Follow these tracks for a family train adventure A quick guide from a trainophile on steam engine sites in the area By Art Belanger
All of us have had the experience of driving toward a railroad crossing just as the red lights start flashing and the gates spanning the road begin their descent. Those of us who are admitted trainophiles know this is the time when we smile and enjoy our good fortune.
The lure of railroading has had a magnetic effect upon people since steam engines were invented. And children are fascinated by trains. Steam trains no longer are part of everyday life, but we don't have to travel far to enjoy them again.
With a trip of only a few hours, or a few days, you can find operating railroads that will allow you to introduce your children to the joy of a train whistle as it dances to the engineer's tug on the rope and the smell of the black smoke as it billows from the stack.
The Illinois Railway Museum is the largest railroad collection in this part of the country and about a one-hour drive from Chicago on Interstate 90 to Union. There are operating steam, diesel and electric railroad trains. Much of the collection is in six large car barns. Admission is $8 weekends, $6 for children; $6 weekdays, $4 for children. Admission includes rides on the trains running that day. www.irm.org; (815) 923-4000.
Camp Five Museum Foundation in Laona, Wis., is a just six hours away on Highway 8. This steam engine-led train will take you 2½ miles to an authentic lumberjack camp. There, take a guided tour through forests where lumber operations continue. Petting zoo, blacksmith shop, nature center, refreshments and lots of logging paraphernalia are there to explore. Admission is $15 for adults, $5 for children 4-12, $10 for 13-17 and free for 3 and under. Open Monday-Saturday through Aug. 30. www.camp5museum.org; (715) 674-3414.
Silver Creek & Stephenson Railroad, in Freeport on U.S. 20 west of Rockford, is a little closer to home. Operating out of the Silver Creek Depot from the early 1900s, this steam engine takes riders on a four-mile round trip through Indian Gardens and across a 30-foot stone pier bridge. Trains are scheduled for Sept. 1-2, 27-28; Oct. 11-12, 25-26. The adult fare is $5, $3 for children under 12; call (815) 232-2306.
The National Railroad Museum in Green Bay, Wis., has a vast collection, including the largest steam locomotive ever built and Gen. Eisenhower's World War II command train. During the summer, tickets are $7 adults, $6 seniors, $5 children ages 4-12, free for children 3 and under. www.nationalrrmuseum.org; (920) 437-7623.
Fox River Trolley Museum in South Elgin is for fans who don't mind riding an electric car. The historic electric railroad bed is left from an interurban system that at one time ran throughout the west and northwest areas into Chicago. The $3.50 adult fare, $2 for children and seniors fare includes a ride along the west bank of the Fox River into Blackhawk Forest Preserve with a stop at Coleman Junction. A second ride costs 50 cents or you can buy an all-day pass for $7. www.foxtrolley.org; (847) 697-4676.
East Troy Electric Railroad in East Troy, Wis., off Interstate 43, is 30 minutes northeast of Lake Geneva. The line runs from East Troy to Mukwonago, where you can visit the Elegant Farmer roadside grocery and bakery. The trains run Saturday and Sunday through October with Wednesday, Thursday and Friday runs through Aug. 22. The fare is $9 for adults, $5 for children 3-11, and free for children 3 and under. www.east troyrr.org; (262) 642-3263.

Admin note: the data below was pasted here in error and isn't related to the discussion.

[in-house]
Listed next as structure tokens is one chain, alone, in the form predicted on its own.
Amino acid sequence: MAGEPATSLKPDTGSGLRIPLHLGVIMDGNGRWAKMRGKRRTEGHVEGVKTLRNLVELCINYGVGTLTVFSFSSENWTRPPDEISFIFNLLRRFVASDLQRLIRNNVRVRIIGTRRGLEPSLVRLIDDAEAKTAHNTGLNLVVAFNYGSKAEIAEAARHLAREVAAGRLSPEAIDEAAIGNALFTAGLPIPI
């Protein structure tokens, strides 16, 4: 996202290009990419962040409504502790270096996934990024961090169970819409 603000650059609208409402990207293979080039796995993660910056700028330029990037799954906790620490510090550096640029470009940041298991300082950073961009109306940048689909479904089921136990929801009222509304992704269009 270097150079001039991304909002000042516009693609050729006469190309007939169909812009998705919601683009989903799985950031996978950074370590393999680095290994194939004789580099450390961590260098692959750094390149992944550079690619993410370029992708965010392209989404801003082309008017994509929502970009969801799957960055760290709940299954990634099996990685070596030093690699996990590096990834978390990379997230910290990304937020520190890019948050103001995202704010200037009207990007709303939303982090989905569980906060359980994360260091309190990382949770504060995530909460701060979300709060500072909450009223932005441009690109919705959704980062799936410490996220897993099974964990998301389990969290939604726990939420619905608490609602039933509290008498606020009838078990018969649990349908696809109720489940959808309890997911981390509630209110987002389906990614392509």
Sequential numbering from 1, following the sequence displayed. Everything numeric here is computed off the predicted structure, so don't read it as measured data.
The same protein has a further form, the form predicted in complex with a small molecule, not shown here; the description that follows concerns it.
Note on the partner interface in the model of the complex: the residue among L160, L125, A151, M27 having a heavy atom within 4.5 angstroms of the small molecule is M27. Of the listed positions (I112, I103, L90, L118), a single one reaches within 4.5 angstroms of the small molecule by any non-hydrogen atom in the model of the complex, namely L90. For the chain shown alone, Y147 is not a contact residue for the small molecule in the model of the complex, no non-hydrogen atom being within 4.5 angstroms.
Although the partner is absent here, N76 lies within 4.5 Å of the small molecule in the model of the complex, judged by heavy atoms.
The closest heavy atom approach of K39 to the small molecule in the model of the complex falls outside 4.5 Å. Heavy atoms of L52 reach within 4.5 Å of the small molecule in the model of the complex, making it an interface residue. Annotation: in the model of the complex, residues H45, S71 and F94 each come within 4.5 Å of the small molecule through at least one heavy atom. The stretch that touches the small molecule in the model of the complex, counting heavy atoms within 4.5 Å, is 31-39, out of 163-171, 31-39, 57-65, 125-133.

Mid-Continent Railway Historical Society is seven miles west of Baraboo (home of the Circus World Museum) on Highway 136 in North Freedom, Wis. This rail fan's delight features diesel-powered trains departing four times daily from a restored Chicago & North Western depot. The ride is 50 minutes long and features commentary from the knowledgeable conductors who greet passengers in the vintage cars. Open daily through Labor Day and weekends to mid-October, the fare is $11 for adults, $6 for children 3-12 and free for children 3 and under. This is especially popular for viewing fall colors, and in December with the snow train. www.midcontinent.org; (608) 522-4261.
The Hoosier Valley Railroad Museum in North Judson, Ind., features a working museum with free caboose rides all year. Plus, you can arrange cab rides ($15) in a diesel locomotive or sign up for the guest engineer program ($50) if you are over age 16. http://hvrm.railfan.net; (574) 896-3950.
The Indiana Transportation Museum in Noblesville, Ind., offers weekend rides on a diesel-pulled train through October. Admission is $3 adults, $2 for children ages 3-12 and free for children 3 and under. www.itm.org; (317) 773-6000.
Carthage, Knightstown & Shirley Railroad in Knightstown, Ind., 30 miles east of Indianapolis, gives 10-mile rides Fridays-Sundays. Trains depart the depot at 11 a.m.; admission is $7 for ages 12 and over, $5 for ages 3-11 and free for children 2 and under. www.cksrail.com; (765) 345-5561.
La Porte County Historical Steam Society, the Hesston Steam Show in Hesston, Ind., has three trains: full size, amusement-park size and hobby-scale steam trains that operate through Labor Day. The adult fare for the two-mile round trip is $3, $2 for children. www.hesston.org; (219) 872-7405.
Whitewater Valley Railroad in Connersville, Ind., is near the Ohio border. This five-hour round-trip ride is 32 miles through a restored canal town with shops and a working grist mill. There is a two-hour layover in Metamora. The diesel-pulled train runs through October. www.whitewatervalleyrr.org; (765) 825-2054.
Among Art Belanger's earliest memories is the silver Burlington Zephyr. Now the parent of two adult children, he lives with his wife in Addison.